The stabbing pain in my abdomen jolted me awake at 3 a.m.
Four broken bones, giving birth to two babies, gallstones – all minor aches compared to this. At the hospital they found no reason for my pain. The blood tests were normal. I had no fever. They sent me home.
It went away, and then it happened again two days later.
I was hospitalized and taken off food. It got better again, and then it came back.
I was referred to a pain clinic.
The first one refused to see me.
They said that I must be drug-seeking despite a letter from my doctor.
The nurse at the second clinic told me I wasn’t in pain but seeking painkillers to get high.
I ended up back at the emergency room. Without examining me, another doctor lectured me on the dangers of opioid pain medicine.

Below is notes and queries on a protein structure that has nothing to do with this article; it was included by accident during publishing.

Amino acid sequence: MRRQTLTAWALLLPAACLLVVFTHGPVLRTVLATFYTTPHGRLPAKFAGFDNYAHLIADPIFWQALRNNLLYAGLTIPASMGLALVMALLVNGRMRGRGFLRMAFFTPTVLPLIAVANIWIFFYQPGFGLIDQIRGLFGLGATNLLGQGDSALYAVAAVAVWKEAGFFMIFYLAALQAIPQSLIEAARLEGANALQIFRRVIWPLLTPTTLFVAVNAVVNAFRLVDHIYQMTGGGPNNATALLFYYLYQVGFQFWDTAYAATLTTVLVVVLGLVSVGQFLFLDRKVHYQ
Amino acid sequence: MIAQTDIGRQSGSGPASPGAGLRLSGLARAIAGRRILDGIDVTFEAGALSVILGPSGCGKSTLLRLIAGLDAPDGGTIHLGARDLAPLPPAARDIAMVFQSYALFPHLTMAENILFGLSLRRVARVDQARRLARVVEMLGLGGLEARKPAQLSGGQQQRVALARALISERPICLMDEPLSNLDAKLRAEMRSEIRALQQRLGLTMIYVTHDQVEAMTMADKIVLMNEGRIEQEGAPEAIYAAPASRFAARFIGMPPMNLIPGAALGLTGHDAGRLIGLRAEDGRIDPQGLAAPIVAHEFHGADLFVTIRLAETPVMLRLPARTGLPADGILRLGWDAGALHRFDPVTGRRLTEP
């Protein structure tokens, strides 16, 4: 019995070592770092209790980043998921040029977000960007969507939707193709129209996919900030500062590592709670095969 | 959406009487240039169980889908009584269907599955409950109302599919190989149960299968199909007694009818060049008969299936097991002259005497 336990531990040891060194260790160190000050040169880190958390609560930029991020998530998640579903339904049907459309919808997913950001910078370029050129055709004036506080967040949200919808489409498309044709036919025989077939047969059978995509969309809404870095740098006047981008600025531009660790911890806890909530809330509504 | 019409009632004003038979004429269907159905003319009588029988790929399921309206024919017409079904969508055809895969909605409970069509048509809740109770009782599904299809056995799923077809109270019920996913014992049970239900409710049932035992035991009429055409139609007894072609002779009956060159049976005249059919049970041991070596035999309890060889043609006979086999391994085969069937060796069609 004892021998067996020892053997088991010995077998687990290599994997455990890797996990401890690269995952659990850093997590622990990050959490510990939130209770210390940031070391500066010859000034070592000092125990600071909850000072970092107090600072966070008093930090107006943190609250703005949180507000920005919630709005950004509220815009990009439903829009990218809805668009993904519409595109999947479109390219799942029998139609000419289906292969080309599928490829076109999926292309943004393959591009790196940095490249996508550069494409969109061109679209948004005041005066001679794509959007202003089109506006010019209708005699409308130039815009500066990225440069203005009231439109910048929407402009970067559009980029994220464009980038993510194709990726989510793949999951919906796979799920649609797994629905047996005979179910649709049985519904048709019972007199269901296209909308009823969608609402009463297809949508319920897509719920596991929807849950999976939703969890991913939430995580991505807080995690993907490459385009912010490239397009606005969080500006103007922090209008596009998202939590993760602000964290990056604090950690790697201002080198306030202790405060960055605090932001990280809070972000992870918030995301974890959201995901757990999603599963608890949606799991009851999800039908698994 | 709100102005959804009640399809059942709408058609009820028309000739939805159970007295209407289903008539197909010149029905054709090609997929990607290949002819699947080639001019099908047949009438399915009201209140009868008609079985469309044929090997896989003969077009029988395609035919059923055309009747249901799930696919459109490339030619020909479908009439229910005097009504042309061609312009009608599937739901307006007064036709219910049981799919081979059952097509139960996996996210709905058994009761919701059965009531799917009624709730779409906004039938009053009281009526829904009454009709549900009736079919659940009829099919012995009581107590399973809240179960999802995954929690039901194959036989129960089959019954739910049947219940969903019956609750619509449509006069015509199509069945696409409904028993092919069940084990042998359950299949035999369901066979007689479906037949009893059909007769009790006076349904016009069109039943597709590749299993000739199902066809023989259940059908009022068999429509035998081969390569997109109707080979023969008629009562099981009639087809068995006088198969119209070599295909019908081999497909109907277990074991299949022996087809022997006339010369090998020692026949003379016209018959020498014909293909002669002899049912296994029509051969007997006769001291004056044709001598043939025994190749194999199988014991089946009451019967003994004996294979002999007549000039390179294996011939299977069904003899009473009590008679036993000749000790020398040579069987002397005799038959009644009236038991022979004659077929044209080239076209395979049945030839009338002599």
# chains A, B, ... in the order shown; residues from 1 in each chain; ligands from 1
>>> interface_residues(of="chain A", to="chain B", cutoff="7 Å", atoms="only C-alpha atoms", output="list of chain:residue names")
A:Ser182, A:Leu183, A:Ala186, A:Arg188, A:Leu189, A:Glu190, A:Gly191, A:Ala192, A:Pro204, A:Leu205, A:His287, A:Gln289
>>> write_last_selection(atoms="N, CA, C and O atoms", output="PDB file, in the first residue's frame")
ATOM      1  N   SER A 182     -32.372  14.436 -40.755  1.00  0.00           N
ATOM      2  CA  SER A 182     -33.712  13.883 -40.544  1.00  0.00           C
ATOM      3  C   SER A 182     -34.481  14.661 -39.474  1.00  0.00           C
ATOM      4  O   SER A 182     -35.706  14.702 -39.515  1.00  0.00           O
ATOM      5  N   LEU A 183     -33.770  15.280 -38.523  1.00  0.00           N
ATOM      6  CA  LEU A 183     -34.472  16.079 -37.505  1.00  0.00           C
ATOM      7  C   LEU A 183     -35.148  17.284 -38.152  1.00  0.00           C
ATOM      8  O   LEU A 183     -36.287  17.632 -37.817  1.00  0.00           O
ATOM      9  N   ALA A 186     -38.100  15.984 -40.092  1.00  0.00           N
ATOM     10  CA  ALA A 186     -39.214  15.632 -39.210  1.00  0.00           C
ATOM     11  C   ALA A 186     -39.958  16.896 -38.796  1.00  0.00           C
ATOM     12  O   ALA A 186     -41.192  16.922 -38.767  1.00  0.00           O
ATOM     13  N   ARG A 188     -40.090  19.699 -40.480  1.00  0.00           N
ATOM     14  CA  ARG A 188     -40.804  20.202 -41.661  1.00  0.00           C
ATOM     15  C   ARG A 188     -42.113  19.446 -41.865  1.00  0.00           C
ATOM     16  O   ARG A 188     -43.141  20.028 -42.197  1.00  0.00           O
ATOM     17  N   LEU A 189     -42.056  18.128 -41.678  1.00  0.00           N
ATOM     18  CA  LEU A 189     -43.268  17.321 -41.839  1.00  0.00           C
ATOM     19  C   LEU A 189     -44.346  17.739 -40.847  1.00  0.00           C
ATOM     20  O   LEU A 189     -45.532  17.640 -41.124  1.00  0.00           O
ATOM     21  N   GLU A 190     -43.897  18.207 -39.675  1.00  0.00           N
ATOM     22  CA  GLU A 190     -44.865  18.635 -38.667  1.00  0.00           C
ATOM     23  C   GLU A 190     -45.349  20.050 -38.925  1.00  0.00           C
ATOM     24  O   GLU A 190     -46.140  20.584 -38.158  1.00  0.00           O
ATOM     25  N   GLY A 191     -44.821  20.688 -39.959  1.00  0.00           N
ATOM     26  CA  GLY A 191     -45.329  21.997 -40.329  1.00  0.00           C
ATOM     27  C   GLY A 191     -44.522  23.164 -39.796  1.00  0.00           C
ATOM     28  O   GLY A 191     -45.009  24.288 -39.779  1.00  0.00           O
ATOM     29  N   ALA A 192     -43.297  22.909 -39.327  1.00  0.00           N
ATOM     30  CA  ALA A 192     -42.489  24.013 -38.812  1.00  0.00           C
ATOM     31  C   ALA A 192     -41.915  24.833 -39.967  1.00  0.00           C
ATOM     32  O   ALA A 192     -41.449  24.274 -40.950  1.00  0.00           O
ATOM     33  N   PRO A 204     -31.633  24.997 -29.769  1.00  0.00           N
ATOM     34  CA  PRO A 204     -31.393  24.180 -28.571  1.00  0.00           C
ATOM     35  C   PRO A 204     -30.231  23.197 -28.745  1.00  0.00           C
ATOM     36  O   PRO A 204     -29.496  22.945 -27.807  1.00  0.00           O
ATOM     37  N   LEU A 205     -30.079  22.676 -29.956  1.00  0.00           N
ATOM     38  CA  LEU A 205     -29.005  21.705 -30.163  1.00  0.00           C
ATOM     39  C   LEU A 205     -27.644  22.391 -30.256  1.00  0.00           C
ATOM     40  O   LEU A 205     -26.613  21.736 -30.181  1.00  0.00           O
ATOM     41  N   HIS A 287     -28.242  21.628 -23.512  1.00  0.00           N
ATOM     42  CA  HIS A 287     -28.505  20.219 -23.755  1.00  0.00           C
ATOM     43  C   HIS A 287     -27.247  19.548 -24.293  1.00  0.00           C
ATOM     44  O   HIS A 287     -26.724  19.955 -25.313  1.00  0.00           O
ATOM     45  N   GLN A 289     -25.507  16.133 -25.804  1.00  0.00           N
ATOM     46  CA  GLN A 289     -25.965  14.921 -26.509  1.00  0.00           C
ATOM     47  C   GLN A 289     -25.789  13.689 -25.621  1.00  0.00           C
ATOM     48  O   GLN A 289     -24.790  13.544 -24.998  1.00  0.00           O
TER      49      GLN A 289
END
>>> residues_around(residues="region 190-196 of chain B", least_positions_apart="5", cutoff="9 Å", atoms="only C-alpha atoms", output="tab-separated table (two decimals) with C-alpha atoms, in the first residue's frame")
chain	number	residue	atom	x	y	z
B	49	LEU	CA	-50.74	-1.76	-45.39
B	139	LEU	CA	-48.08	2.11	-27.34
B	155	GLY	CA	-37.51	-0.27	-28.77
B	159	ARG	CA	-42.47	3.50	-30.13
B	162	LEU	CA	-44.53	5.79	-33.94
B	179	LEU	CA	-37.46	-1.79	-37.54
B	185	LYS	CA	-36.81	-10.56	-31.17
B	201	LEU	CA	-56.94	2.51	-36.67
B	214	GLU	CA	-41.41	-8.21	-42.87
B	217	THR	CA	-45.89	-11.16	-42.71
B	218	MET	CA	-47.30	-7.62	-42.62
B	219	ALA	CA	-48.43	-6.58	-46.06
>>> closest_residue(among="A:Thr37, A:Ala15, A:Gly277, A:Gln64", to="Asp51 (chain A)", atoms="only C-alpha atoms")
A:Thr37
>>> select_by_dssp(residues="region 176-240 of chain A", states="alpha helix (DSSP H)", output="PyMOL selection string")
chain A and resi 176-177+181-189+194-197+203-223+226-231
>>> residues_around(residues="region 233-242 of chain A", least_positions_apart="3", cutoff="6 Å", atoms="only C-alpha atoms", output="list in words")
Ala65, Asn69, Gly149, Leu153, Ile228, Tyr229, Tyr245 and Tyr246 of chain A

When the blood tests came back normal, he sent the nurse to tell me to go home and take Tylenol. With the pain at ten out of ten, I asked her to help me get to the lobby. She left me alone after tossing the discharge papers at me.
She had no time to waste on a patient she viewed as an addict – as if addiction was a matter of choice rather than deserving of treatment.
My doctor believes something is wrong but he doesn’t know what it is.
He sends me to a surgeon.
The surgeon sends me for a CT scan.
When it’s over they leave in the IV and offer to push me in a wheelchair to the surgeon’s office.
I don’t understand until the surgeon says “You have pancreatitis. You need to be in the hospital. You can die from this.” I vomit in the little sink in the corner while waiting to be admitted.
I know that the people who abuse pain medicine to get high have made health care providers suspicious and distrustful, and this has led to my suffering and lack of appropriate treatment.
Yet we share a common need to be treated for what ails us, whether that is an inflamed pancreas or an addiction to pain medicine. Instead, we all end up being mistreated.
If you do medicine right, we do not all look the same.
Nashua, New Hampshire